Vascular Plants of North Carolina
Account for Balsam Poplar - Populus balsamifera   L.
Members of Salicaceae:
Members of Populus with account distribution info or public map:
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Section 6 » Family Salicaceae
AuthorL.
DistributionAt SERNEC there are no unequivocal specimens of Balsam Poplar from NC, except planted trees at the NC Zoo. Specimens from Haywood and Wilkes counties do not have images or label data, so cannot be accepted. Other specimens from Ashe, Edgecombe, Macon, and Swain counties are misidentified and actually are P. x jackii (= P. candicans). FNA does not map it in NC, though Weakley's (2018) map shows it as rare in the NC mountains (but non-native). Though the map below shows no counties at present, the editors feel that it should remain on the NC flora list, but without counties that we feel "deserving" to be mapped as representing escapes.

Native of most of Canada and the northern U.S., south to WV, IL, CO.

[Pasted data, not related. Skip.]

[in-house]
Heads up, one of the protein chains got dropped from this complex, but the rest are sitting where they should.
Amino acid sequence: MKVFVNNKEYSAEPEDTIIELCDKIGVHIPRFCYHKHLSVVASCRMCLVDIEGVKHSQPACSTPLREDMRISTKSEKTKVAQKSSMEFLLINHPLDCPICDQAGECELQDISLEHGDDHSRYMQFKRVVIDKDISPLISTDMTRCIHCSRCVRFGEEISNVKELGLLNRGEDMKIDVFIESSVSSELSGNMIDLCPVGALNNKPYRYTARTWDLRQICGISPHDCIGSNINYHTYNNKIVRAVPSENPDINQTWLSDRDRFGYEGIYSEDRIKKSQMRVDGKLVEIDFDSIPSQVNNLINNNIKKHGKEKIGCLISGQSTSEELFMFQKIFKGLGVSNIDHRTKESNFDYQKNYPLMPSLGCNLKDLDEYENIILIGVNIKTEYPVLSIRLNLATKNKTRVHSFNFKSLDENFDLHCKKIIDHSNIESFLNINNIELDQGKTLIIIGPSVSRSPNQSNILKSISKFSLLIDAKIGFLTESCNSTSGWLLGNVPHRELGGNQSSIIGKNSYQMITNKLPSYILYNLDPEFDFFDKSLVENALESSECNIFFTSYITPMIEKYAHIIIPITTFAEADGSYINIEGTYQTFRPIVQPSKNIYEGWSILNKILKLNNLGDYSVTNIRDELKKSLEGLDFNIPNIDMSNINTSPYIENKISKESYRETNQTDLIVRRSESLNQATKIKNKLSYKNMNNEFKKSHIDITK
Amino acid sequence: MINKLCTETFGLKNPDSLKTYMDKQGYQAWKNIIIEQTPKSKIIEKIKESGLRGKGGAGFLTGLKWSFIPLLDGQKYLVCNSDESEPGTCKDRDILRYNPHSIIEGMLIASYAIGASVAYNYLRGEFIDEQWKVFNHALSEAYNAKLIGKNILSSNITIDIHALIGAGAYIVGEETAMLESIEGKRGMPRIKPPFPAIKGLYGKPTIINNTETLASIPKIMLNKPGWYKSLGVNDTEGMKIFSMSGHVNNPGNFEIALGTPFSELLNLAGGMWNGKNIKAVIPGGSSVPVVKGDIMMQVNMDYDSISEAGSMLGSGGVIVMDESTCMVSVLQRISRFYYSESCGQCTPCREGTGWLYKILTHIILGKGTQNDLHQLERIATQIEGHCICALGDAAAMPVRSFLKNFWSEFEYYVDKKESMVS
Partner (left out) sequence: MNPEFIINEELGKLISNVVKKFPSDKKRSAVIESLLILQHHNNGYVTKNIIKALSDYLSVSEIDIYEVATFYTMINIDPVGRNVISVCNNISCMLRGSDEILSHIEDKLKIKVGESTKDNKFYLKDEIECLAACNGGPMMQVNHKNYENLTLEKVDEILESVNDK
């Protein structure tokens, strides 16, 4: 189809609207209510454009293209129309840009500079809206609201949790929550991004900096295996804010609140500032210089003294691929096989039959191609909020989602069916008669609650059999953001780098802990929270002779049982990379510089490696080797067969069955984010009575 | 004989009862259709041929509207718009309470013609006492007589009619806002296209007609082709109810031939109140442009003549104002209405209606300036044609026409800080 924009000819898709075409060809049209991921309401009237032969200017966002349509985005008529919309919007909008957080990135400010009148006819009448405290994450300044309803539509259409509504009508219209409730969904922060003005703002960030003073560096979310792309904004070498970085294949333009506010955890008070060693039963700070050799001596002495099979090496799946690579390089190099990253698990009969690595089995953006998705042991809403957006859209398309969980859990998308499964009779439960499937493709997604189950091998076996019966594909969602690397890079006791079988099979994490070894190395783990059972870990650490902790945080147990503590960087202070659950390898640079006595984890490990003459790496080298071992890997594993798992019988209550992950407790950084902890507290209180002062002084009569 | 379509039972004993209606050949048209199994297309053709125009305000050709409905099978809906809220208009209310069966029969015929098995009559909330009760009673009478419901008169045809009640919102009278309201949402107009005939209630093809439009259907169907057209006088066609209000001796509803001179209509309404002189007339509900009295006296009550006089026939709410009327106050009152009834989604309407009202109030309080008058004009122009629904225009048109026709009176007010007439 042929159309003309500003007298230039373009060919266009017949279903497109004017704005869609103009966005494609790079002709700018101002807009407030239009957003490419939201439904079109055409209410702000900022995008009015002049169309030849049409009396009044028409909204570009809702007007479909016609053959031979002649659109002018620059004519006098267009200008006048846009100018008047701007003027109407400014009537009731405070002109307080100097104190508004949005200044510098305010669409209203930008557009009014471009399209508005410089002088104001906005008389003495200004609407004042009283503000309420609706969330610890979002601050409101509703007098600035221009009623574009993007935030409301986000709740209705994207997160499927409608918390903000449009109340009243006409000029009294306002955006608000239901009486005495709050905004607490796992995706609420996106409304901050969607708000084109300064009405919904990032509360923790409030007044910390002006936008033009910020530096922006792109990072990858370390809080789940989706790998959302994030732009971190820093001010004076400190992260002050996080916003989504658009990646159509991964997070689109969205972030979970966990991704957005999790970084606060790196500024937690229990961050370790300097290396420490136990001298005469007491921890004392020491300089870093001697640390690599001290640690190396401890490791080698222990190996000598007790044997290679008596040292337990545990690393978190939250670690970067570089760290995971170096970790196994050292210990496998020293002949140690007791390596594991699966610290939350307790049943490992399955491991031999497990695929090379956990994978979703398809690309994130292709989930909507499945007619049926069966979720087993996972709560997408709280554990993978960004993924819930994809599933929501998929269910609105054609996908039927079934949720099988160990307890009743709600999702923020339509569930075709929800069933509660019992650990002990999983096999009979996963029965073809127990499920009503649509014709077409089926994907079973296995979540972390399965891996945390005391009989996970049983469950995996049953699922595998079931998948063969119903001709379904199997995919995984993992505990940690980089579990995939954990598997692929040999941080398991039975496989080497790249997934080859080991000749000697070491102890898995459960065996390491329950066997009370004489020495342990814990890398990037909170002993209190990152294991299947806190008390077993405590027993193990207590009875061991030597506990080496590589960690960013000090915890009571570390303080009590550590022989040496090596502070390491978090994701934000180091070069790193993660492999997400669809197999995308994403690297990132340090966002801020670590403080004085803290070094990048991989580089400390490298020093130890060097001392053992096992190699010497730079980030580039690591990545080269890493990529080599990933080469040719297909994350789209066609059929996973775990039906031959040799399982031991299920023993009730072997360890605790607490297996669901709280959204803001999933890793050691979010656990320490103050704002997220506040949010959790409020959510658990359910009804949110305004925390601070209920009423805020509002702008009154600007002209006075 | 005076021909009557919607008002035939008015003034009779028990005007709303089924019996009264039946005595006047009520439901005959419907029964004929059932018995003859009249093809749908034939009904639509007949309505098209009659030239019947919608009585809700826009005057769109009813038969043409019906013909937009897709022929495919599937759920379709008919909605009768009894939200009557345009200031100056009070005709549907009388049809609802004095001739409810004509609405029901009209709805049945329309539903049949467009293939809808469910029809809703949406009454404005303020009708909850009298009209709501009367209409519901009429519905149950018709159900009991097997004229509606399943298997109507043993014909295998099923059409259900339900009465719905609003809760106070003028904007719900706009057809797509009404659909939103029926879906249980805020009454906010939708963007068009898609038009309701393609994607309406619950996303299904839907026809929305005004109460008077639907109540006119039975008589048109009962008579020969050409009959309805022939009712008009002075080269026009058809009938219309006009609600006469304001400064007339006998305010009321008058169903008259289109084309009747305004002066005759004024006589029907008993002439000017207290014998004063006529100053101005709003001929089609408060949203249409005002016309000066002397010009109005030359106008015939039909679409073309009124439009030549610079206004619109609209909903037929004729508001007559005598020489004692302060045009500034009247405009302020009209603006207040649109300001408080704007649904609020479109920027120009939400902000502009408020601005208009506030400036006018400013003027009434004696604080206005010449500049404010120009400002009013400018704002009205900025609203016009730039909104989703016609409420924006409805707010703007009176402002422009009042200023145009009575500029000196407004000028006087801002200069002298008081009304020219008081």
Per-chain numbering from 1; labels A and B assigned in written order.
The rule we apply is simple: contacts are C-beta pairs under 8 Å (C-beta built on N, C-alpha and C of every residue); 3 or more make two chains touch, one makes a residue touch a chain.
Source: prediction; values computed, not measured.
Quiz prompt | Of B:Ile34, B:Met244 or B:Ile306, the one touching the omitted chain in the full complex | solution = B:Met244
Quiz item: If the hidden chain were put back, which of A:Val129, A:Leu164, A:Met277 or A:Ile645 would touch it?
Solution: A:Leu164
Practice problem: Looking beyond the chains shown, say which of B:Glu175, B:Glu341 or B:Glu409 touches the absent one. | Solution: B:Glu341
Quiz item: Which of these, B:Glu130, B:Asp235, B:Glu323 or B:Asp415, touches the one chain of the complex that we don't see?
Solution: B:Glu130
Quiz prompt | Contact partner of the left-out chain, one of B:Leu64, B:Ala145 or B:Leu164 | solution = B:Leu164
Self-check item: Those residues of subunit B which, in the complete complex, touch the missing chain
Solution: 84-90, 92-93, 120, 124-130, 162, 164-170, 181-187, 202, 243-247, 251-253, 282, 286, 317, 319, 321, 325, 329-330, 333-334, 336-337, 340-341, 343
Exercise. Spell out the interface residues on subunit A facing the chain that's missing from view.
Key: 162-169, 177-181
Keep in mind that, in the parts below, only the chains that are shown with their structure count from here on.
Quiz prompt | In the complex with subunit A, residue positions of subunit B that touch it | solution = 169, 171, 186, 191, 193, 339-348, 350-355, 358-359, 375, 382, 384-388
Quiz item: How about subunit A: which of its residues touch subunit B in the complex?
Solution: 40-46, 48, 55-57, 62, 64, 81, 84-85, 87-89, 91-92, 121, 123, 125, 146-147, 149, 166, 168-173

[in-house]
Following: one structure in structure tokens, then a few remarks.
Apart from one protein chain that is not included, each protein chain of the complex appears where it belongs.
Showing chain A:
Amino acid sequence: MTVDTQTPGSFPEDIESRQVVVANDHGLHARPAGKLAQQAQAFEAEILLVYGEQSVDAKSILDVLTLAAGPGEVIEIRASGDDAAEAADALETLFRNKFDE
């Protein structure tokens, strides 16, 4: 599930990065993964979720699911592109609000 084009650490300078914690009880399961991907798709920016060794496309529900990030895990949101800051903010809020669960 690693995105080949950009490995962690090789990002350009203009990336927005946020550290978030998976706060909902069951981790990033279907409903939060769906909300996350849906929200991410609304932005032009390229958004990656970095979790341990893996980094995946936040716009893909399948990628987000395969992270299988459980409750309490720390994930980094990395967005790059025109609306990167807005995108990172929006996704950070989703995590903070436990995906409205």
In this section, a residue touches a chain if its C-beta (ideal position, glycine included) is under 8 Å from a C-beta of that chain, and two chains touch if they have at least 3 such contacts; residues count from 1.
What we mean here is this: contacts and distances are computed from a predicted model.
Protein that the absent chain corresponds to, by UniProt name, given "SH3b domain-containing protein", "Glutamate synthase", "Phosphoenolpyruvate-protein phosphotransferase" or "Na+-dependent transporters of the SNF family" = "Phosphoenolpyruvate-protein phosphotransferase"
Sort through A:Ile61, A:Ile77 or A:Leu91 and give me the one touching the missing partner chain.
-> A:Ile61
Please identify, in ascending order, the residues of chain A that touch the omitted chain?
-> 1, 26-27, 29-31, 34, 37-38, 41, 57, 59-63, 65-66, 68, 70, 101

AbundanceUnknown.
HabitatUnknown. In its native range, it grows in various cool forests, doing best in floodplains.
PhenologyFlowering - no data.
IdentificationBalsam Poplar can grow to be a tall, narrow-crowned, old tree, but most often is short-lived. Leaves are ovate, crenate-toothed, much paler beneath (but not whitish), usually with rusty colored "resin stains" beneath. The reddish twigs and leaves have a sweetly pungent fragrance. P. x jackii has broader leaves that are more triangular in shape, whitish beneath, and with at least some of the veins pale as in Eastern Cottonwood (P. deltoides).
Taxonomic Comments
Other Common Name(s)
State RankSE
Global RankG5
State Status
US Status
USACE-agcpFACW link
USACE-empFACW link
County Map - click on a county to view source of record.